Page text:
Colour-rings and other related markers constitute a very valuable research tools that are used in studies, for example, of bird behaviour, daily activity and local and/or distant movements. This technique has certain advantages over conventional metal rings that make it highly suitable for these types of studies:

  • You only need to capture the bird once. Further controls are all visual and a lot of information can be recorded without disturbing the bird.
  • The rate of control is much higher, thereby making it easy to recreate a bird’s life-history.

On the other hand, for the system to work, observers must be very accurate when sending in observation data of birds displaying special markers. This portal is designed to facilitate the exchange of information between ringers and observers, and enables life histories of colour-marked birds to be generated easily.

© PNDE – Joan Gil

What to do and what information to record

When observing a bird with a colour-ring, a wing-tag, a neck-ring, a nasal saddle or medal, for example, it is vital to note down as much information as possible. Bear in mind that reading from a distance is not simple and so you must be careful and possibly patient. The essential data to record are as follows:

  • Site (place name, geographical coordinates, municipality, province, country).
  • Date and time.
  • Bird species.
  • Code and the order of reading (top-down, bottom-up, left-right).
    • You must be very careful when typewriting all the alphanumeric digits (letters, numbers and symbols) included on the ring or marker.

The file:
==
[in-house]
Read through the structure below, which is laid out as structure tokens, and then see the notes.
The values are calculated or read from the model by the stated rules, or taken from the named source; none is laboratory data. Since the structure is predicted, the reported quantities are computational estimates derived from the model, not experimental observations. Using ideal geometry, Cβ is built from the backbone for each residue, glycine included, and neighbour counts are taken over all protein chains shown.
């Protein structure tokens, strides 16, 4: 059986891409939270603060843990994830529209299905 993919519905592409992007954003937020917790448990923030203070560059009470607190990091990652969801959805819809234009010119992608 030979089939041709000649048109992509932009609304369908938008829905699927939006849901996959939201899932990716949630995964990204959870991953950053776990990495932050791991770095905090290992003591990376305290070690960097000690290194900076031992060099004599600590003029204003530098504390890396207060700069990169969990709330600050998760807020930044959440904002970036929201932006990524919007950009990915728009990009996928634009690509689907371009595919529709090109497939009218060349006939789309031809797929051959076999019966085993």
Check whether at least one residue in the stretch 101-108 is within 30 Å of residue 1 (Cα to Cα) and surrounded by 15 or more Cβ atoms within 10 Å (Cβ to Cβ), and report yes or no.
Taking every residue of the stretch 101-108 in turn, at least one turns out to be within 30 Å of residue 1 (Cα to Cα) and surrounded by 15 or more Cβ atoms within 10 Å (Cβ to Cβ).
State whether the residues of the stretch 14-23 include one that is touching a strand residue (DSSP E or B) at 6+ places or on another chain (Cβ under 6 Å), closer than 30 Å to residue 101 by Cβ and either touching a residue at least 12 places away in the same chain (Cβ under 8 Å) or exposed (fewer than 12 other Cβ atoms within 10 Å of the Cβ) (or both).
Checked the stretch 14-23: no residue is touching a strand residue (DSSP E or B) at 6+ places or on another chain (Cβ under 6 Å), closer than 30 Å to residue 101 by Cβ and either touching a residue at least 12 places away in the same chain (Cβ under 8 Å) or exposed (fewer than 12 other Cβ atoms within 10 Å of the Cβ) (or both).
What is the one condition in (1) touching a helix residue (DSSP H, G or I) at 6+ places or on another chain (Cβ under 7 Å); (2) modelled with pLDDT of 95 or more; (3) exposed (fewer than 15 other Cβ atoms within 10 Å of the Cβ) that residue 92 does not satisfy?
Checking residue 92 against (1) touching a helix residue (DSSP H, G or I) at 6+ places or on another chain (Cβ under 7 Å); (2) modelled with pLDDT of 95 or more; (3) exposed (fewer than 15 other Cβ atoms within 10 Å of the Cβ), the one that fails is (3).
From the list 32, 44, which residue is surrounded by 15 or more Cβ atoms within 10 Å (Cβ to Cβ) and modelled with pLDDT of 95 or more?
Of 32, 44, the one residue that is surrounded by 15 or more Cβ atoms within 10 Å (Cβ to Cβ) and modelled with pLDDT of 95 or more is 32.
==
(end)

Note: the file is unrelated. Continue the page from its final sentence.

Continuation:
• Dots (.) and colons (:) SHOULD NOT BE CONSIDERED.
    • Vertical bars are set as "/".
    • Zeroes (0) and the letter O are ALWAYS RECORDED AS A ZERO (0).
    • Some countries such as Germany and Switzerland, among others, use standard black darvic rings with white inscriptions. These rings include the abbreviation of the name of the scheme (DER,DEW and HES) as well as the code of the ring. Both codes must be entered together as in the following examples: HESSE567, DERA3268.
  • Type of marker (ring on tarsus, ring on tibia, wing marker, necklace, plate or nasal disc, flag on tail, flag on tibia or medal on chest) and shape of the marker (only for wing-tags and chest medals).
  • Background colour of the ring.
  • Colour of the inscription.
  • Metal ring: scheme abbreviation and code.
  • Age (pullus, immature, young, subadult, adult or the EURING data of bird dating).
  • Sex (female, male or unknown).
  • Condition: ringing, dead (unknown date), dead (less than a week ago), dead (more than a week ago), found wounded and released, found wounded and not released, kept in captivity (recovery centre), released by a ringer, observed alive, unknown.
  • Status: apparently local, non-local, breeding, apparently wintering, sleeping, in the sea, in a moulting flock or at a breeding colony, not necessarily breeding.
  • Remarks: state of marker’s condition (good, partially broken/erased, totally broken/erased, lost), whether the marker is dirty, unusual position of the marker; state of health the bird (broken wing, wounds, hooks, etc.) and any other relevant information concerning the observation.
© PNDE – Joan Gil